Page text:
The Amazing Fauja calls it a day at 101
TORCH BEARER FOR LONDON OLYMPICS 2012
Carrying the Flame through: The London Borough of Newham
Carrying the Flame on: 21 July 2012
Fauja Singh successfully completed his final marathon on Sunday 22nd April 2012.
After running in eight marathons successfully, Fauja Singh, the world’s oldest marathon runner at 101-years-old, decided that his last marathon ever will be in London. But 101-year-old Fauja Singh from Ilford, east London, will not be hanging up his running shoes just yet. He intends to compete in what he calls “short races” of 5km and 10km.
His trainer Harmander Singh said: “I believe it’s probably best that this is the last. I don’t think he has anything else to prove.” The London Marathon has a special significance for the great-grandfather as he was inspired to take up the sport after watching television coverage, 12 years ago when he was 89.
Speaking in Punjabi, before the London marathon, Fauja Singh said: “I’m very excited. But I’m worried I could get flu or something like that before then. So I can’t wait for Sunday to come.”
Fauja Singh finished the 26.2 mile run in 7:49:21 beating his previous record. He became the oldest man to run a marathon when he completed the Toronto 2011 marathon run in 8 hours and 11 minutes.
“If I stop training and running I think my health will deteriorate and I will die. I just can’t sit still. I still like to run and walk 6 to 10 km once a week to keep myself fit. It is what keeps me going.”
He only took up running seriously when he was 89 years-old. He attributes his physical fitness and longevity to abstaining from smoking and alcohol and to following a simple vegetarian diet.
‘Best trainee ever’
His coach said: “I only had 10 weeks to train him for his first marathon. He turned up the first day in a three piece suit and a pair of trainers. The coach had to rework everything, including his dress. Fauja Singh has never looked back and ran his first race, the London Marathon, in 2000.
“Turning him into a marathon runner was one of the easiest jobs I ever had because he was so keen on doing it. “If I said we’re doing 10k today he would say why not 20k? (He’s) the best trainee I have ever had.”
He has enjoyed every one of them but the one that stands out more than the others is the Toronto marathon. That is when he raced himself into the record books as the world’s oldest marathon runner.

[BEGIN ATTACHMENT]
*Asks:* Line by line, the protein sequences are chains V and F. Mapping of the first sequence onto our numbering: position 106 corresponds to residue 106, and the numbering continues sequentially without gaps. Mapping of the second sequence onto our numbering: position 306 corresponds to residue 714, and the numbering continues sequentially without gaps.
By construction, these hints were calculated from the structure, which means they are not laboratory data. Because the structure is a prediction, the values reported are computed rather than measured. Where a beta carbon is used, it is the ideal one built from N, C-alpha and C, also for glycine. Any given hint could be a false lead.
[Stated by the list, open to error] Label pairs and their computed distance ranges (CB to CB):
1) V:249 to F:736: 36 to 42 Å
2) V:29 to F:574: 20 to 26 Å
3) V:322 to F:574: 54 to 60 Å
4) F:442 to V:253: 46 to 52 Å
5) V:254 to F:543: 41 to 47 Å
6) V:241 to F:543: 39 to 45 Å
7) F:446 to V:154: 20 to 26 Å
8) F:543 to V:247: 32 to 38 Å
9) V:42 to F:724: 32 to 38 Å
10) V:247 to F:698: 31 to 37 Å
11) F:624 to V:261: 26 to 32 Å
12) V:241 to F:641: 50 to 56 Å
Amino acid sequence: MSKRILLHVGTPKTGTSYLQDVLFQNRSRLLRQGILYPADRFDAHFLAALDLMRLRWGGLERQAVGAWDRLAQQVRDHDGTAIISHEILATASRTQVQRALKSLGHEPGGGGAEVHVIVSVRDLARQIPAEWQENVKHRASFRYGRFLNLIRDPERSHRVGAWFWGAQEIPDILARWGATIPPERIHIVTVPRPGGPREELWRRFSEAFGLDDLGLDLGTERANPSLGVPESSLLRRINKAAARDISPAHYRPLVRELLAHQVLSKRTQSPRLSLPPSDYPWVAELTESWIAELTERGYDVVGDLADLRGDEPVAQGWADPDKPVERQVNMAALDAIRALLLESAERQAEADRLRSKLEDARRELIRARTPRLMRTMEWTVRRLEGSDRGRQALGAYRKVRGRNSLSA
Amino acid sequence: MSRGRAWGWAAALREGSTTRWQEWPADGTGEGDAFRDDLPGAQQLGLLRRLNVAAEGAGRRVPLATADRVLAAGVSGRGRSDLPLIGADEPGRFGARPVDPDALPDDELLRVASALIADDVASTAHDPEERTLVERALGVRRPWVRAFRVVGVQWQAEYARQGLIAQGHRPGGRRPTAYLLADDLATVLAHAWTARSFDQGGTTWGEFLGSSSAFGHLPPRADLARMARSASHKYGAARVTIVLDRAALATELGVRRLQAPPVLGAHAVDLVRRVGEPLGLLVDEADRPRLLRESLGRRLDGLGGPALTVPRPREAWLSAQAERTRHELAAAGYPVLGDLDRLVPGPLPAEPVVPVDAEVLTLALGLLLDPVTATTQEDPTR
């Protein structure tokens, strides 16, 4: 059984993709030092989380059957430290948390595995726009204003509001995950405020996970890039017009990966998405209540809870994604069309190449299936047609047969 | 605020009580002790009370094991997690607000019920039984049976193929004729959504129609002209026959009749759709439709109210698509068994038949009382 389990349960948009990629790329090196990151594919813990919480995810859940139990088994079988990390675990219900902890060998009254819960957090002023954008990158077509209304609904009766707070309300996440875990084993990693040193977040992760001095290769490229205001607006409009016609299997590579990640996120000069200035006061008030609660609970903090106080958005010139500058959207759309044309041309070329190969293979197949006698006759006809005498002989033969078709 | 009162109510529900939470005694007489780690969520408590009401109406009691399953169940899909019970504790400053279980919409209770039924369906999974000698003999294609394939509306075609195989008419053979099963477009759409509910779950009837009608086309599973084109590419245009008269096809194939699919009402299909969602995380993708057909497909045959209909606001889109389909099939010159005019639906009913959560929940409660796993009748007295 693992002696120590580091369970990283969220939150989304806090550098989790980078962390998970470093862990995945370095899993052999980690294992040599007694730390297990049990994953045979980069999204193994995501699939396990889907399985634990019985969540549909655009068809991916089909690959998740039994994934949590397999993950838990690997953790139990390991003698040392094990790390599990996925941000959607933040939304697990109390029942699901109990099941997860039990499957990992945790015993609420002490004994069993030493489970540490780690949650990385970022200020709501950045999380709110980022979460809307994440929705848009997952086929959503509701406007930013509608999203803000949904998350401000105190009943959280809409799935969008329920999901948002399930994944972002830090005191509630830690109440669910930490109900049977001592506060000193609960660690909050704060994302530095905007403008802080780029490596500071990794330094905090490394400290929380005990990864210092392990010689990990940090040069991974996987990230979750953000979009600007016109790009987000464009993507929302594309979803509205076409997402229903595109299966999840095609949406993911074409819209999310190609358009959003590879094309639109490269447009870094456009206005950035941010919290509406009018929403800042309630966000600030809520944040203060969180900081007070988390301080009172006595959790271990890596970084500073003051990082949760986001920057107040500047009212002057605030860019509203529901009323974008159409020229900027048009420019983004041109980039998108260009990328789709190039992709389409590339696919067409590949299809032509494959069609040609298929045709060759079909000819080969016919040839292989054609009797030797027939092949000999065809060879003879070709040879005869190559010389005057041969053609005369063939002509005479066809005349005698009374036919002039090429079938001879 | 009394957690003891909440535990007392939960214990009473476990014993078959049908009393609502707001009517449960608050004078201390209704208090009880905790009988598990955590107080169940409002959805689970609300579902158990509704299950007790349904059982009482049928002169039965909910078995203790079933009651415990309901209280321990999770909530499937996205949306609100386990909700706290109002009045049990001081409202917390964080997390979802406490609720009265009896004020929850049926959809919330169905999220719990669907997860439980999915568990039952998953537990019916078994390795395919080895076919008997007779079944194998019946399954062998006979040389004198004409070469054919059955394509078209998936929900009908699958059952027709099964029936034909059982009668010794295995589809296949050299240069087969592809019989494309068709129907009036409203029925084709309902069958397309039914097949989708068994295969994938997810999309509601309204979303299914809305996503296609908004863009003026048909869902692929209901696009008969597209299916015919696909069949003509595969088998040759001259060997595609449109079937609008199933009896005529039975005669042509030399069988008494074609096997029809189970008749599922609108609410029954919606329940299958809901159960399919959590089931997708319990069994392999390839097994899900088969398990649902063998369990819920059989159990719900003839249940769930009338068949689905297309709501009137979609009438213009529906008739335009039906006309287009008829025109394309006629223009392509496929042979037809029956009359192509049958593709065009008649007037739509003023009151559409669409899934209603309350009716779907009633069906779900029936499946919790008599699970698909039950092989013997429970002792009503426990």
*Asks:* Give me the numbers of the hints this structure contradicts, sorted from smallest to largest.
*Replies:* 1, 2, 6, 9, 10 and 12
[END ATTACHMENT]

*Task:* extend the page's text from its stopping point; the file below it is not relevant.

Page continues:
Fauja Singh’s remarkable story has left many people scratching their heads. How can someone his age run 26.2 miles? Some have even begun to question his age because he does not have a birth certificate. But Harmander Singh believes the criticism is unfair: “Fauja Singh was born in India at a time when there were no birth certificates. “He has a British passport and we’ve had letters from Her Majesty on his 100th birthday. The Olympics would use the passport as a definitive document.”
Many people in the running world think critics are missing the point. A marathon is tough whatever your age. Mike Gratton, a 1983 London Marathon winner, said: “I think everybody is absolutely astounded that somebody of his age can still be doing any sort of sport. “But to run a marathon, which for many people is the ultimate in endurance, is quite incredible.” Others see Fauja Singh’s achievements as a sign of changing times and that society needs to re-think how it views older people.
Emma Spragg of Age UK said: “Everybody now in the UK, one in four of people born today, will live to be a 100. So there’s bound to be more people being active in later life. So why not keep challenging those boundaries.”
Although Fauja Singh is retiring from marathons after Sunday his coach believes his legacy will go on.His biography, titled “Turbaned Tornado”, was formally released House of Lords in 2010.
Words of deep wisdom from Fauja Singh – “I think nowadays people take their lives too easy. They have everything on a plate. The secret to a long life is to be stress free. He who stresses dies early. “He who does not will live a more peaceful life. And finally his advice for anyone wanting to know how keeps himself so stress-free. “Try to stay away from negative people…they will always bring you down”
Everyone who has come across him or heard about him… says if he can do it, we can do it. There is a saying in Punjabi ‘he is my granddad’. Well, he is everybody’s granddad.”
This article has been edited for the Sikh Foundation
Courtesy: By Dil Neiyyar -The BBC Asian Network & The Asian Image